Today, whilst scrolling through social media, I came across a truly horrible book recommendation.
I mean it.
Someone had suggested a series to a friend. I've read that series, and those books are the worst-written books I've ever read in my entire life. And I read a lot.
Naturally, I could not remain silent. I hope the person that recommended the books didn't mind, but I couldn't let my friend walk into that nightmare. I then recommended a much better series to my friend. I hope she takes my advice. It'll save her a lot of pain.
I figured I would share some book recommendations with all of you. I have one recommendation in several different genres:
Science Fiction: The Mind Over trilogy by Karina Fabian. This YA sci-fi trilogy is an exciting adventure with psychics, aliens, colliding planets, and war. My favorite of the books is Mind Over Psyche, which is the second book in the series; all three are truly wonderful, though. I have no idea why these books aren't more popular, but you should not be put off by their lack of popularity. These are great reads.
Fantasy: The Ocean at the End of the Lane by Neil Gaiman. Gaiman is a master of writing. I have yet to read a line of his work and not feel something. This book, The Ocean at the End of the Lane, is perfectly written. I would not change one word. If you'd like to read truly perfect, magical writing, try this book.
Mystery: The Glass Flame by Phyllis A. Whitney. This author is not very well-known any more, which is a real shame. If you want a truly great mystery with plenty of twists and turns, try out this exciting book. I did not see the end of this book coming.
Romance: A Knight in Shining Armor by Jude Deveraux. It's no secret that I'm not a big fan of romance novels, but if you're into this genre, I highly recommend this book. I enjoy very few romances, but I loved this one. Also, I cried hysterically at the end. So have a box of tissues handy.
Nonfiction: Tiny Beautiful Things by Cheryl Strayed. Strayed is a very honest writer, which is vital for good nonfiction. This book might not sound interesting at first glance as it's a compilation of answers from an online advice column, but these answers are compelling, raw, and powerful. If you're looking for truly beautiful and honest writing, try this book.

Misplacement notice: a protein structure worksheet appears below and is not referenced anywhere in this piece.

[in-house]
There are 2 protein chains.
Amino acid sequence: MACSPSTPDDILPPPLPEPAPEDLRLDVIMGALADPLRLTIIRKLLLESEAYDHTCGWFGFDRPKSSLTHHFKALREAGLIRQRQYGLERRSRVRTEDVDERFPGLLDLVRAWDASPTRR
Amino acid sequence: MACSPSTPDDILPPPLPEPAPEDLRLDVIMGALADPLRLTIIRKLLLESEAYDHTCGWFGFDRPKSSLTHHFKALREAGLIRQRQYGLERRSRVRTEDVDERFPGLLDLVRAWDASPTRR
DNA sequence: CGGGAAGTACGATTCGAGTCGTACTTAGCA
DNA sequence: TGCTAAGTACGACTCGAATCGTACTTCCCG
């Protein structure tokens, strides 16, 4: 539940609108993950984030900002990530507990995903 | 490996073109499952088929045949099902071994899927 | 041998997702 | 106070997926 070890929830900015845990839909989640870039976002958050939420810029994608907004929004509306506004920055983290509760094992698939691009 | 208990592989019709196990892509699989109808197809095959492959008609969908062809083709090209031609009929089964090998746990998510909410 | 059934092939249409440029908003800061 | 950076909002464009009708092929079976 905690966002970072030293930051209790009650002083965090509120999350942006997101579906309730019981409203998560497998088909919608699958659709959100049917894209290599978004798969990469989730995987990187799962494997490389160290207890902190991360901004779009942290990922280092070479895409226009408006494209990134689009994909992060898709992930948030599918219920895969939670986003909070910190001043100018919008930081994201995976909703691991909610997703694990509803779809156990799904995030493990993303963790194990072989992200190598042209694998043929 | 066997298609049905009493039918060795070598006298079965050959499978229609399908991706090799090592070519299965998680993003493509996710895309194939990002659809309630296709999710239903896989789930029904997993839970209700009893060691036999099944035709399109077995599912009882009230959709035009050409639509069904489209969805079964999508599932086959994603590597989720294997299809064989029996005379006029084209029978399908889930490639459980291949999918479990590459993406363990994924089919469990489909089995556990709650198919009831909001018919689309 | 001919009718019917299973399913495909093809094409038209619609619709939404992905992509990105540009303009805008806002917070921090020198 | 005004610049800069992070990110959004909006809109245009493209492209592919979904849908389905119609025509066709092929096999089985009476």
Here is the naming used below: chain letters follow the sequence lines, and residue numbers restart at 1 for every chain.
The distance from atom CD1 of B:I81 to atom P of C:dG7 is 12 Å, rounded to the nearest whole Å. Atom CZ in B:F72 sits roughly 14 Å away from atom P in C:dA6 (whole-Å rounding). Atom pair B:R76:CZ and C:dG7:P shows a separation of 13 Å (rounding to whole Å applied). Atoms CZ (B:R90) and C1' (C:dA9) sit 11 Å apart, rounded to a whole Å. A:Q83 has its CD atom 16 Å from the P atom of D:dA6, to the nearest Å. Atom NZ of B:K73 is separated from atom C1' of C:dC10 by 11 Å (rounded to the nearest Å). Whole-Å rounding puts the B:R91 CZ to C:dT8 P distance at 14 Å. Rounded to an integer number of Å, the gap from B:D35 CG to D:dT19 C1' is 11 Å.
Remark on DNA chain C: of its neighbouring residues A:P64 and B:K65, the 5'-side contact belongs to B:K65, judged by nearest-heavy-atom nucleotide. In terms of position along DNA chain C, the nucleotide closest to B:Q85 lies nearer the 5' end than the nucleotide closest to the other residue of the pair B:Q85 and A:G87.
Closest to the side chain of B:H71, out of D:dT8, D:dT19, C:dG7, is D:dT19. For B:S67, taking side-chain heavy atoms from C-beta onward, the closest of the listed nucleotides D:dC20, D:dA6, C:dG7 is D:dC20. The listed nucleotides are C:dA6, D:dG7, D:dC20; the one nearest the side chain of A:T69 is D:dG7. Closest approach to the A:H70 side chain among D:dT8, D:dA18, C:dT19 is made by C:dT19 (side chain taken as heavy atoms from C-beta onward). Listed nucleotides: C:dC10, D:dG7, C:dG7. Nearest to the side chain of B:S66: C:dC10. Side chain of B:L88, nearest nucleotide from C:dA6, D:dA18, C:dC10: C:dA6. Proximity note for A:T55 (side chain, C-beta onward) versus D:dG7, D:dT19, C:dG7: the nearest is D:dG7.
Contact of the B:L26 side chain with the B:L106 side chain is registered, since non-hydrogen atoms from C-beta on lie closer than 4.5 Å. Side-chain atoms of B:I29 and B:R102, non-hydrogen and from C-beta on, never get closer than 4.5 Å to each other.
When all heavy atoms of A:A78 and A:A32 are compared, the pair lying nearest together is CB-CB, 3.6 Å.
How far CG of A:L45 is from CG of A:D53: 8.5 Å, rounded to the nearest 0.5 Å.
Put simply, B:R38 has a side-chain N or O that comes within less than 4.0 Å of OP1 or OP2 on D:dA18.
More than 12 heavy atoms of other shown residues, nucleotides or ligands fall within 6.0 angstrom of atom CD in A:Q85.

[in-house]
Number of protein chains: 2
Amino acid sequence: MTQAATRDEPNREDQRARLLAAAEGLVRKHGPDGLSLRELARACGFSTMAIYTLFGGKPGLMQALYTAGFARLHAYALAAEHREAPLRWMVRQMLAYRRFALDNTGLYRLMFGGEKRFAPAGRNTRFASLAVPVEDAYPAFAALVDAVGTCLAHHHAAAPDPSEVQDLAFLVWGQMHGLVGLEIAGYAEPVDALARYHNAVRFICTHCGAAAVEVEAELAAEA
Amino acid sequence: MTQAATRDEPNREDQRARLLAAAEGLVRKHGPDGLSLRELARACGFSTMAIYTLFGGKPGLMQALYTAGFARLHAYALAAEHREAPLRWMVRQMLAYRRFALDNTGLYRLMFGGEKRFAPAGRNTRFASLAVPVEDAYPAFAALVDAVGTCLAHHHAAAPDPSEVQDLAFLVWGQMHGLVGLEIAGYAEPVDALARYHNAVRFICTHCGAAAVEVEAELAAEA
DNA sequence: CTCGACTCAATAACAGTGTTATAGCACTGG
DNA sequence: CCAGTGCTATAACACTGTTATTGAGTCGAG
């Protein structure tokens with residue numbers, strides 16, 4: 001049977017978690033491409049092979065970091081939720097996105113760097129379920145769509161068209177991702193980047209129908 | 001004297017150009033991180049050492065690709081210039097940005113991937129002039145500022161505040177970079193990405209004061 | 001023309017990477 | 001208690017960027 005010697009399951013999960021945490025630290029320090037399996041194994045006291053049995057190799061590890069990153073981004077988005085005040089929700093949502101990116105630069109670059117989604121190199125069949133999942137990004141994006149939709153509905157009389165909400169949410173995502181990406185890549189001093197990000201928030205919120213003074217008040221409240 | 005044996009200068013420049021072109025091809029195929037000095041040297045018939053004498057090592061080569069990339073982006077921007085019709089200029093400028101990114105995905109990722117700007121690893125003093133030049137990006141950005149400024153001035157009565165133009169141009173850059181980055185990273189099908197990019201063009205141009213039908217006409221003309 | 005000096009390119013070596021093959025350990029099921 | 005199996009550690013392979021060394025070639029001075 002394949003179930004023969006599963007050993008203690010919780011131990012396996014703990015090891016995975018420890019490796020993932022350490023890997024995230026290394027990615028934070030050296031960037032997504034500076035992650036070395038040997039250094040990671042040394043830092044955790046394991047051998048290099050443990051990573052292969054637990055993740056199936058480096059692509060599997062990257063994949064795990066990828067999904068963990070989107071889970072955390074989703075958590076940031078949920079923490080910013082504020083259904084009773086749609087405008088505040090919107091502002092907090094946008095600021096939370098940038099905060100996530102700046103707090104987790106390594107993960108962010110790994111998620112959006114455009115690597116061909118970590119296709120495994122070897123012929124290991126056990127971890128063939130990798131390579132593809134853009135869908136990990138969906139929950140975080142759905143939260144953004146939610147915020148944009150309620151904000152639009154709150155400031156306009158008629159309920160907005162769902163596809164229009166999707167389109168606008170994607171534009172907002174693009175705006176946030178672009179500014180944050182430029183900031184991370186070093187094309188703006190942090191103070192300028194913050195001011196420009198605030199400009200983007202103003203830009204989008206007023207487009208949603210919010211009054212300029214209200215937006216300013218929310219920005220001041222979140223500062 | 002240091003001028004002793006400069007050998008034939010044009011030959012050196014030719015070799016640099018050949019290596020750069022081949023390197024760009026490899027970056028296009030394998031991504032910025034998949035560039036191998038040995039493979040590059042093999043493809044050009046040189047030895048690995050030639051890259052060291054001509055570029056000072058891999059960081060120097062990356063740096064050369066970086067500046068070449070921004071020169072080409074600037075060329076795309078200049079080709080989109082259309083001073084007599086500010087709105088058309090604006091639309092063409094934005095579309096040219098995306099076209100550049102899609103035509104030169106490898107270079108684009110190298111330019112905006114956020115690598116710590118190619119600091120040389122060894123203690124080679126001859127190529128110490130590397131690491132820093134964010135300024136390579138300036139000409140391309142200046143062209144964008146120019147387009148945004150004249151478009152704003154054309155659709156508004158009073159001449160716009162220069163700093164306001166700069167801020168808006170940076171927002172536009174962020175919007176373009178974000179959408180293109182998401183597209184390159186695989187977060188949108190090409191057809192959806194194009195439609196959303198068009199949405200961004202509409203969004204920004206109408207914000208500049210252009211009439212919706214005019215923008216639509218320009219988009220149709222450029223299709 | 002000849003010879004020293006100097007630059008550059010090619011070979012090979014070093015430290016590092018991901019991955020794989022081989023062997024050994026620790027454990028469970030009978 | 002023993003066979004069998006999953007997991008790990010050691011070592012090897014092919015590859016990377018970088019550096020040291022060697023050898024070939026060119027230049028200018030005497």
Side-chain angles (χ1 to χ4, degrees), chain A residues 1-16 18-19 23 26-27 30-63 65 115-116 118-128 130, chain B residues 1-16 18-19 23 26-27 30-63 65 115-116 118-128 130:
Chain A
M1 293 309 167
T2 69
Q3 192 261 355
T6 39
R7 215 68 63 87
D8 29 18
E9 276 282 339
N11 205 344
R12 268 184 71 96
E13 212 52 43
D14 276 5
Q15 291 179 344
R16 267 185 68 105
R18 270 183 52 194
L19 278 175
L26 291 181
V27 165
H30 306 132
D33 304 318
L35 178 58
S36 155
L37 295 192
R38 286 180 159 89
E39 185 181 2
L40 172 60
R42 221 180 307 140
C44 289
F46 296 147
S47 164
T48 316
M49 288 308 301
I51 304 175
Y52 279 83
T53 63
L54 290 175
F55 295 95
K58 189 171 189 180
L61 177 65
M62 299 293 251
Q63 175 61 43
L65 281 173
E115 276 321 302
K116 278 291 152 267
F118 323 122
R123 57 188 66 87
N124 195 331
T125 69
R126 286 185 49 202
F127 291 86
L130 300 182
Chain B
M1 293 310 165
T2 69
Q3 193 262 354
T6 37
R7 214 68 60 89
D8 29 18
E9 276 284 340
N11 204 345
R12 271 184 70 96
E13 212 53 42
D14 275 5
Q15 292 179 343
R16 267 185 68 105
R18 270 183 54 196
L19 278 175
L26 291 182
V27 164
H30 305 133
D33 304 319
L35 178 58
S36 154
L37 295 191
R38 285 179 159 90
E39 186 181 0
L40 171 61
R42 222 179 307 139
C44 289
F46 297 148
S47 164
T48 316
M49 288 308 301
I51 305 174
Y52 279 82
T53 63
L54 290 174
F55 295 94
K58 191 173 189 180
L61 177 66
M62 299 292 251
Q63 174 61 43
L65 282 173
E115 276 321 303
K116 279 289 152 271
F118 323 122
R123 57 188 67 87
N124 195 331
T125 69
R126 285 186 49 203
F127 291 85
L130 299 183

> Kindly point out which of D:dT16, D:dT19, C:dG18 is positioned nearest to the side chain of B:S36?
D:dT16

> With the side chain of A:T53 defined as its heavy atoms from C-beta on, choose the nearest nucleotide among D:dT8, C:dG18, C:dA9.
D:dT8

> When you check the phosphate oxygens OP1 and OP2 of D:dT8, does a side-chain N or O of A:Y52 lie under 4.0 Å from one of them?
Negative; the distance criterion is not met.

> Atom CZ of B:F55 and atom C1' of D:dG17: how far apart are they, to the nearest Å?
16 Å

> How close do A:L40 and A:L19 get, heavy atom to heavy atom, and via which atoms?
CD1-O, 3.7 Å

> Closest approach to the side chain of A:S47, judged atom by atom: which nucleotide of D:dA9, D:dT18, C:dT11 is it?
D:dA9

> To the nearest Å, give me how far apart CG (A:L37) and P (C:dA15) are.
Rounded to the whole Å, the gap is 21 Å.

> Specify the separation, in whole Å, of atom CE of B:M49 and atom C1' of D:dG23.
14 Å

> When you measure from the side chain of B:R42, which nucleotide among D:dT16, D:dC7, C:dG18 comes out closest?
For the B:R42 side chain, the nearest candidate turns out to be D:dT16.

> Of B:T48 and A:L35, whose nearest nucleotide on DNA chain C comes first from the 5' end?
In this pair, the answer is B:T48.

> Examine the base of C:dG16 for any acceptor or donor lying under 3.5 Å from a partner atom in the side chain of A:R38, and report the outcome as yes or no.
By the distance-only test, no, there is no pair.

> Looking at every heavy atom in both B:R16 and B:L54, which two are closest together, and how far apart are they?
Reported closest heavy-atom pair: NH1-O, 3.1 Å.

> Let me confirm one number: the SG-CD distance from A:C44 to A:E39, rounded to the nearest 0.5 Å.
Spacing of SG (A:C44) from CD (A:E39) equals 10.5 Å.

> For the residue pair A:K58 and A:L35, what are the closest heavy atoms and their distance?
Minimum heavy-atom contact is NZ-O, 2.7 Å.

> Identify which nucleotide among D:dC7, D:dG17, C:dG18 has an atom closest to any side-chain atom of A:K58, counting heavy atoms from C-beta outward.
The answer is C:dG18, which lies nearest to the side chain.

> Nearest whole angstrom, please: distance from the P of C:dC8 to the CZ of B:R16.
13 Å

Literary Fiction: The Casual Vacancy by J.K. Rowling. This novel is very, very different from the Harry Potter series. I certainly do not recommend this book for children, but adults that enjoy good writing and strong characters---and that don't mind some sex and language---will enjoy this book. In some places it was difficult to read because of the brutally honest nature of the writing, but that's part of what makes it so good. And, be warned, you'll cry at the end of this one too.
Graphic Novels: Avengers vs X-men by Brian Michael Bendis. You'll never see this one on the big screen because Marvel owns Avengers and Fox owns X-men, but luckily, you can read about superheroes and mutants fighting each other in this epic graphic novel. Pick a side, folks, and grab some popcorn! This is way more entertaining than Civil War.
Poetry: Ship of Fool by William Trowbridge. This is an excellent collection of poetry that focuses on the fool archetype. It's creative, and really makes you think. If you're a lover of poetry, give this collection a try.
Short Stories: Grimm Fairytales. You can generally find a collection of Grimm fairytales just about anywhere. These classic fairytales are the basis of many aspects of storytelling today, and if you don't have a lot of time to read, you can easily read one fairytale a night and still have some literary magic in your life.
Picture Book: All My Friends Are Dead by Avery Monsen and Jory John. This book is hilarious. Why not teach your children to read and to have a sense of humor?
Classics: Call of the Wild by Jack London. This is a great book that did something many other stories of its time never had: it went into the mind of an animal. It's not cartoonish, either. This is a great study of nature and a highly compelling story.
Horror: The Call of Cthulhu by H.P. Lovecraft. Yes, this is technically a short story, but you haven't read horror if you're not familiar with Cthulhu. H.P. Lovecraft is a master of horror and has many short horror stories available, but none of them match Cthulhu.
Dystopian: The Giver by Lois Lowry. Before The Hunger Games, Divergent, Maze Runner, and other dystopian novels, there was The Giver. This book, and the series, is highly well-written, and has so many deep meanings and messages. I was required to read it in elementary school, and I am so grateful for that requirement. If you haven't read it, you should.
Happy reading, everyone! If you try one of these recommendations, please contact me in the contact section of my website and let me know how you liked the book(s)! I'd love to hear from you.